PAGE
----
"You're nuts."

In answer, Flanagan punched another button. FFWD appeared in the lower right corner of the television screen. Like an old-time silent movie, the events of the last few minutes sped across the screen…only this time they kept going.

The Taylor onscreen pulled out his gun again. This time it went off and the old man's head blew apart like a piñata stuffed with red confetti. The assassin turned and fled out of camera range. The bedside clock read 2:31.

"You see?" said Flanagan, pausing the picture on his own corpse.

"Bullshit," whispered Taylor. His legs were trembling, though. "It's doctored or something. Staged. That's not even me."

Flanagan smiled. "Oh, it's you alright."

"I don't believe it."

"Neither did I, at first." The old man settled back into his pillows to get more comfortable. "It was an accident, really. We were testing the Tortium, putting it through its paces. One of our team came up with the idea to have it record live video feed and store it for viewing later."

"That's a DVR," said Taylor.

Flanagan nodded. "Yes, it eventually became that technology. With a slightly modified version of the transistor, of course. We couldn't let what happened occur in every household in America."

"What happened?" The words came unbidden to Taylor's lips and he couldn't remember forming the question in his mind before saying it.

"Just as you see here," Flanagan said, pointing at the television. "Only the tip of the iceberg. After numerous tests, we discovered an anomaly: a time signature of two seconds in the future. At first we dismissed it as a technical glitch, but it quickly became apparent it was something else. Somehow the Tortium could record the future."

Beyond the window, a gull wheeled by, its shadow misshapen and its cry plaintive.

"After that I suspended all projects and closed the lab for six months while I tried to isolate the mechanism that caused the effect. I succeeded. In secret, I began to enhance the transistor until I could control the time frame it recorded. I delivered a modified version of the Tortium –without the ability to record future events—to the rest of the team for development, while I kept the original version."

"And that's when you rigged your mansion here with cameras?" Taylor asked.

"Yes," Flanagan confirmed. "At the time it was a grand experiment of which only myself and a few choice others were privy. There was talk of setting up a global surveillance system to help reduce crime and wars. It would be the ultimate spy satellite, able to detect transactions and conversations far into the future. But none of that bore fruit. Politics is too fickle a mistress for any long-range plans. My invention turned into this…an idle plaything with a deadly secret: the exact day and time I would be murdered."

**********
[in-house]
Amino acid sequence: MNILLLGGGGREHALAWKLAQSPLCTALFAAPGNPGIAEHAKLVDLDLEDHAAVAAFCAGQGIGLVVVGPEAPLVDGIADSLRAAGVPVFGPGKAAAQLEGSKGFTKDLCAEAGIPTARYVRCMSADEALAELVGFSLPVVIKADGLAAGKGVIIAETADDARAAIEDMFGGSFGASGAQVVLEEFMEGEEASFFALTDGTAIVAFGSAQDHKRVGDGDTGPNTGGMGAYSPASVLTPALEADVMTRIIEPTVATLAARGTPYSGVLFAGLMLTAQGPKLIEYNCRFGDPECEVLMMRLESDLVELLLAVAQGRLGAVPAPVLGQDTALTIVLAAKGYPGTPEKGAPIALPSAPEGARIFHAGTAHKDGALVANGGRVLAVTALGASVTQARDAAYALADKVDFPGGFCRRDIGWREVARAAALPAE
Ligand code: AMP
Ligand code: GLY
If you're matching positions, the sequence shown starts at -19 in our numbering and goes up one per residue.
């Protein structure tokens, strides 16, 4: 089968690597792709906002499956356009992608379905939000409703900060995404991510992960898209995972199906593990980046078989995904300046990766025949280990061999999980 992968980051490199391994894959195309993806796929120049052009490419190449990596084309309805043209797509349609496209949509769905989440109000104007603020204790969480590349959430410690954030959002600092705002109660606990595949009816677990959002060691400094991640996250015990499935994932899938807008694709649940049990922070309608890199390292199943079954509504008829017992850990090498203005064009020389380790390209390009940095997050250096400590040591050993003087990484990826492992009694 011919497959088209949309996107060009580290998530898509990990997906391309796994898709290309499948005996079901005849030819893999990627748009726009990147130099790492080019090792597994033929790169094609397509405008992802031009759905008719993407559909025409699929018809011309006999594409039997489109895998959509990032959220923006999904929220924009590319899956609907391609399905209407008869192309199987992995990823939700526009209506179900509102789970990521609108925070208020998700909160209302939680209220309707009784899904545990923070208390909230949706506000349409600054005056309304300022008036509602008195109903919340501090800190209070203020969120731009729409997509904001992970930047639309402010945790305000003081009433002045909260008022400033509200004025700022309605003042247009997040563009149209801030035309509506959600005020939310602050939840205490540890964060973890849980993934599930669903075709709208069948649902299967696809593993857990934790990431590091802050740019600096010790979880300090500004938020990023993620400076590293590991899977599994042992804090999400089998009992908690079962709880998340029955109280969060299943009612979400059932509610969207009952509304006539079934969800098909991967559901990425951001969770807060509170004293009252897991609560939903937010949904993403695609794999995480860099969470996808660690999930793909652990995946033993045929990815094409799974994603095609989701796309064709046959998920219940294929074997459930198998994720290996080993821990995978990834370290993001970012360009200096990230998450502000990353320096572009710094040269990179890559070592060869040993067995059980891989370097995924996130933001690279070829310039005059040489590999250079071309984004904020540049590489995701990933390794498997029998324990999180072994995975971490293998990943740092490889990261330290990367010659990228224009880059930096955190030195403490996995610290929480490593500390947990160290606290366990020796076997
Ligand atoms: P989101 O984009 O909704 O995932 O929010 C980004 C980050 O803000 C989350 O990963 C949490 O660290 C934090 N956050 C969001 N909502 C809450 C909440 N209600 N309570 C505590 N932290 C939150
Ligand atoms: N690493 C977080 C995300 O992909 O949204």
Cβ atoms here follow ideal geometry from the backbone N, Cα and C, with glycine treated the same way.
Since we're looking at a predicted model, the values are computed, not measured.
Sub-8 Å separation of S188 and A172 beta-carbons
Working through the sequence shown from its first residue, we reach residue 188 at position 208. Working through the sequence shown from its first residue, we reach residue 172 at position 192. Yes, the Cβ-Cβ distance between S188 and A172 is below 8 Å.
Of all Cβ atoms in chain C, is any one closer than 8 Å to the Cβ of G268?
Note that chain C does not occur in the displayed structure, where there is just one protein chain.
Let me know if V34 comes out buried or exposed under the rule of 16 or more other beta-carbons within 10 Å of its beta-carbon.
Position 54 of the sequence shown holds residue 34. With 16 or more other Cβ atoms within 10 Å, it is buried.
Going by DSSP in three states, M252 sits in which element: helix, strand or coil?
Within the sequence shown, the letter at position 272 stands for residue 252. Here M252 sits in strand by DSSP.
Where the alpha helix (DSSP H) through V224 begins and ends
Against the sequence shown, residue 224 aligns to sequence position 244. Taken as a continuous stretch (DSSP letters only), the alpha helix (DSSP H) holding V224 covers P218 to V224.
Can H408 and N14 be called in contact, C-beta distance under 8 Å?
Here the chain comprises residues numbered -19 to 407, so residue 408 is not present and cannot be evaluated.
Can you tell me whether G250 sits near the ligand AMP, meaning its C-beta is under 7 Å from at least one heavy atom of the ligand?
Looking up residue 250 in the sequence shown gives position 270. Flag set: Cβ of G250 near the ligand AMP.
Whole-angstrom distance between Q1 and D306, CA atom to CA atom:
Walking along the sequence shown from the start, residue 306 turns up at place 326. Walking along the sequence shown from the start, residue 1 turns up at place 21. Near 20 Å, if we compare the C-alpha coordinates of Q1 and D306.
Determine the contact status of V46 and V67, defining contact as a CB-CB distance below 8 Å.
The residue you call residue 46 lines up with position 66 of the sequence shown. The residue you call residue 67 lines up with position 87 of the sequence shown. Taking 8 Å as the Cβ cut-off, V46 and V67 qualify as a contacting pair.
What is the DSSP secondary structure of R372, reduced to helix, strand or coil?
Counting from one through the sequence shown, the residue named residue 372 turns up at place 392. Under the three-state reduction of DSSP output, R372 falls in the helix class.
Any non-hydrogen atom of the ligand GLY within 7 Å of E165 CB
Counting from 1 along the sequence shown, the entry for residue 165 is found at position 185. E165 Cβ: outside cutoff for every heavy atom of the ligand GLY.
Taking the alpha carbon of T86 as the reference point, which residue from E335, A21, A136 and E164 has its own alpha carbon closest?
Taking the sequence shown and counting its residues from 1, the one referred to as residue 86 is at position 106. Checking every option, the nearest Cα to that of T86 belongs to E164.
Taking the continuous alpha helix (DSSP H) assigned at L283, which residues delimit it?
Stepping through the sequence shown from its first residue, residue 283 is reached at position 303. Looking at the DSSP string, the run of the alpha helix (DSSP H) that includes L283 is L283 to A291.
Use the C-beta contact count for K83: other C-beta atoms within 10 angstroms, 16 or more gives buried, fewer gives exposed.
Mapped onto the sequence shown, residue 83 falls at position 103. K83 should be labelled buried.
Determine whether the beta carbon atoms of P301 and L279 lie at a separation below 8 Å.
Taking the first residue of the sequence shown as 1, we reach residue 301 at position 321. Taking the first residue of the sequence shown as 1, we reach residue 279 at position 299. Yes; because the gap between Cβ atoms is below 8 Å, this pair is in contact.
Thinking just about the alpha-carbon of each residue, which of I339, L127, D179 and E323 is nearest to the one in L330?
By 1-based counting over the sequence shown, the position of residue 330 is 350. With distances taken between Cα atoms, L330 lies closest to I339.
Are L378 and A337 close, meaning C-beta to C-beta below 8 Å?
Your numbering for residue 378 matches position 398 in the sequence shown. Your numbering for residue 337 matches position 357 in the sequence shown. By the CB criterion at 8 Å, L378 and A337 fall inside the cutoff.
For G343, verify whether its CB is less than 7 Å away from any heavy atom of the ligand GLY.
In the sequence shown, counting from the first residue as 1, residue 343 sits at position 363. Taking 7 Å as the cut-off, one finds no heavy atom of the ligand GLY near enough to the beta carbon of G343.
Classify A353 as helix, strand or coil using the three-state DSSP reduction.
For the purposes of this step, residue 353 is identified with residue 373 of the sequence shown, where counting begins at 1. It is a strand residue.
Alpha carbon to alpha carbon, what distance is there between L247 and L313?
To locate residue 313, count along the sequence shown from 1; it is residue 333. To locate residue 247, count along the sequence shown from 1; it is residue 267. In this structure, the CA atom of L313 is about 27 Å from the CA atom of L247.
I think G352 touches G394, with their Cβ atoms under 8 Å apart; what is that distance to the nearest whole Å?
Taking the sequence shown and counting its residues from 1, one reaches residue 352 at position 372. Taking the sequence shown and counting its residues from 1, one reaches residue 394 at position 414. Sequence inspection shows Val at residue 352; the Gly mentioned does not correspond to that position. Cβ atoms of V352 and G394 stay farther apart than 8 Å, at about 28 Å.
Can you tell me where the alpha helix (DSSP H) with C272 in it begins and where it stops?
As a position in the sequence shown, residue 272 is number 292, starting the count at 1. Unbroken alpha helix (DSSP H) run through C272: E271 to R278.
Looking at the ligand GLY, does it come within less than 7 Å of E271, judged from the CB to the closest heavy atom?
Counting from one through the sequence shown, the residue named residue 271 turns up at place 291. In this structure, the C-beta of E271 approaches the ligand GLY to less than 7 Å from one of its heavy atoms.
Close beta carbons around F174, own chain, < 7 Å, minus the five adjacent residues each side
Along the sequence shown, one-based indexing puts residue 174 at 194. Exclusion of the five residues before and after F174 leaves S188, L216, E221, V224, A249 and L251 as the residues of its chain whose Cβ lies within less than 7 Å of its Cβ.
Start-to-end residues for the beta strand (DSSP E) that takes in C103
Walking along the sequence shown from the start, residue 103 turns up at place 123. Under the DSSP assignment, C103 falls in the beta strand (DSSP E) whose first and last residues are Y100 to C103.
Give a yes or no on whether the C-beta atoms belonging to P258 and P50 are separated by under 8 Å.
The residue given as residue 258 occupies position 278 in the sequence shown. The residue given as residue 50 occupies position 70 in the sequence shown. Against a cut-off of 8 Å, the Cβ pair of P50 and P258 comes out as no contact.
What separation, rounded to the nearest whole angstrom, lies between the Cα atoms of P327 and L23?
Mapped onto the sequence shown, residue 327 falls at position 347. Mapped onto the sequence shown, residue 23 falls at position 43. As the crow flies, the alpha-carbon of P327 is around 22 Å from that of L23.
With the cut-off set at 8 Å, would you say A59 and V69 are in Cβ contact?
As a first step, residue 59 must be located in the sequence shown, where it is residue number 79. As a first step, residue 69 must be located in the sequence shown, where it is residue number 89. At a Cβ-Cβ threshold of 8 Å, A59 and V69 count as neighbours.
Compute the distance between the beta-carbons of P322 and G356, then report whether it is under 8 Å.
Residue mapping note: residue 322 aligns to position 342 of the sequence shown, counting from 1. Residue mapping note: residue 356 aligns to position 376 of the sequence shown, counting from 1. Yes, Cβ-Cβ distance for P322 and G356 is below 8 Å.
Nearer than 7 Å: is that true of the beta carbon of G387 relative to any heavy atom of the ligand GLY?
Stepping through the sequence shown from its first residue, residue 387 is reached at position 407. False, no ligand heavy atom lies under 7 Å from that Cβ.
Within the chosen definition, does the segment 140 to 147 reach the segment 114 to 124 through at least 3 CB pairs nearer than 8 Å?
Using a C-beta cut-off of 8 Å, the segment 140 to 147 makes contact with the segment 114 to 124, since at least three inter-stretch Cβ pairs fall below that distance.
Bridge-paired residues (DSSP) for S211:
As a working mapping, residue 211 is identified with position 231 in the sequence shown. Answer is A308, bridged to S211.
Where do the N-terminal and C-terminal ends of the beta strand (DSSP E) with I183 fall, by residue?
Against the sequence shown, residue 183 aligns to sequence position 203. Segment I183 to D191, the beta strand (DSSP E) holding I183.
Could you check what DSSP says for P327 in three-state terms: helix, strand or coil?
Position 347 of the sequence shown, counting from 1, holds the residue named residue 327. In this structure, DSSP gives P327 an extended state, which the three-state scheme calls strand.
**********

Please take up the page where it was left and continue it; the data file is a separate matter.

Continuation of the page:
Get up and walk away, Taylor told himself. Just go. He tried, but his legs refused to budge.

"I can't stand up," he said.

Flanagan glanced at the clock. "No, you have about sixty seconds before you can do that."

"I don't want to kill you." Taylor gritted his teeth with the effort of trying to get out of the chair.

"I know," said the old man, almost kindly. "It's out of our hands. Always has been. I've been trying for over two decades to avoid being here. Nothing I've ever done has changed what I recorded in the future."

The clock flickered. 2:30.

Taylor stood up. Of its own accord, his hand brought out the gun. Pointed it at Flanagan's head.

"I'm so sorry," said Taylor. A rivulet of tears sprang from both his eyes, blearing his vision. He didn't think it would matter, somehow. The killshot on video had looked expertly aimed.

"One last thing," Flanagan said. "A couple years ago I hired a private detective to find where you lived. When he found you, he snuck in while you were at work and installed a surveillance system similar to this one."

A cold shock went through Taylor's system, though his gun hand remained steady.

"Does it record my death?"

Flanagan shrugged. "It'll show you anything that happens in front of the camera lens, anytime in the future. You can watch it on your own television on video input 4. The remote is hidden under the—"

Taylor didn't hear the gun go off but red confetti rained down over the bedspread. He dropped the weapon and ran to see what the future held for him.

# # #

Author's Note:

There are at least two real-life horrors encapsulated in this tale: predestination and loss of identity. Who among us doesn't shiver at the prospect of Fate, guiding us with less-than-gentle nudges, toward an already calculated future? And, have you ever been so damn convinced that something was absolutely correct, only to find out your memory isn't quite as reliable as you thought? Self-reflection is a learned skill and not a very comfortable hobby, so most people avoid it...to their shameful destruction.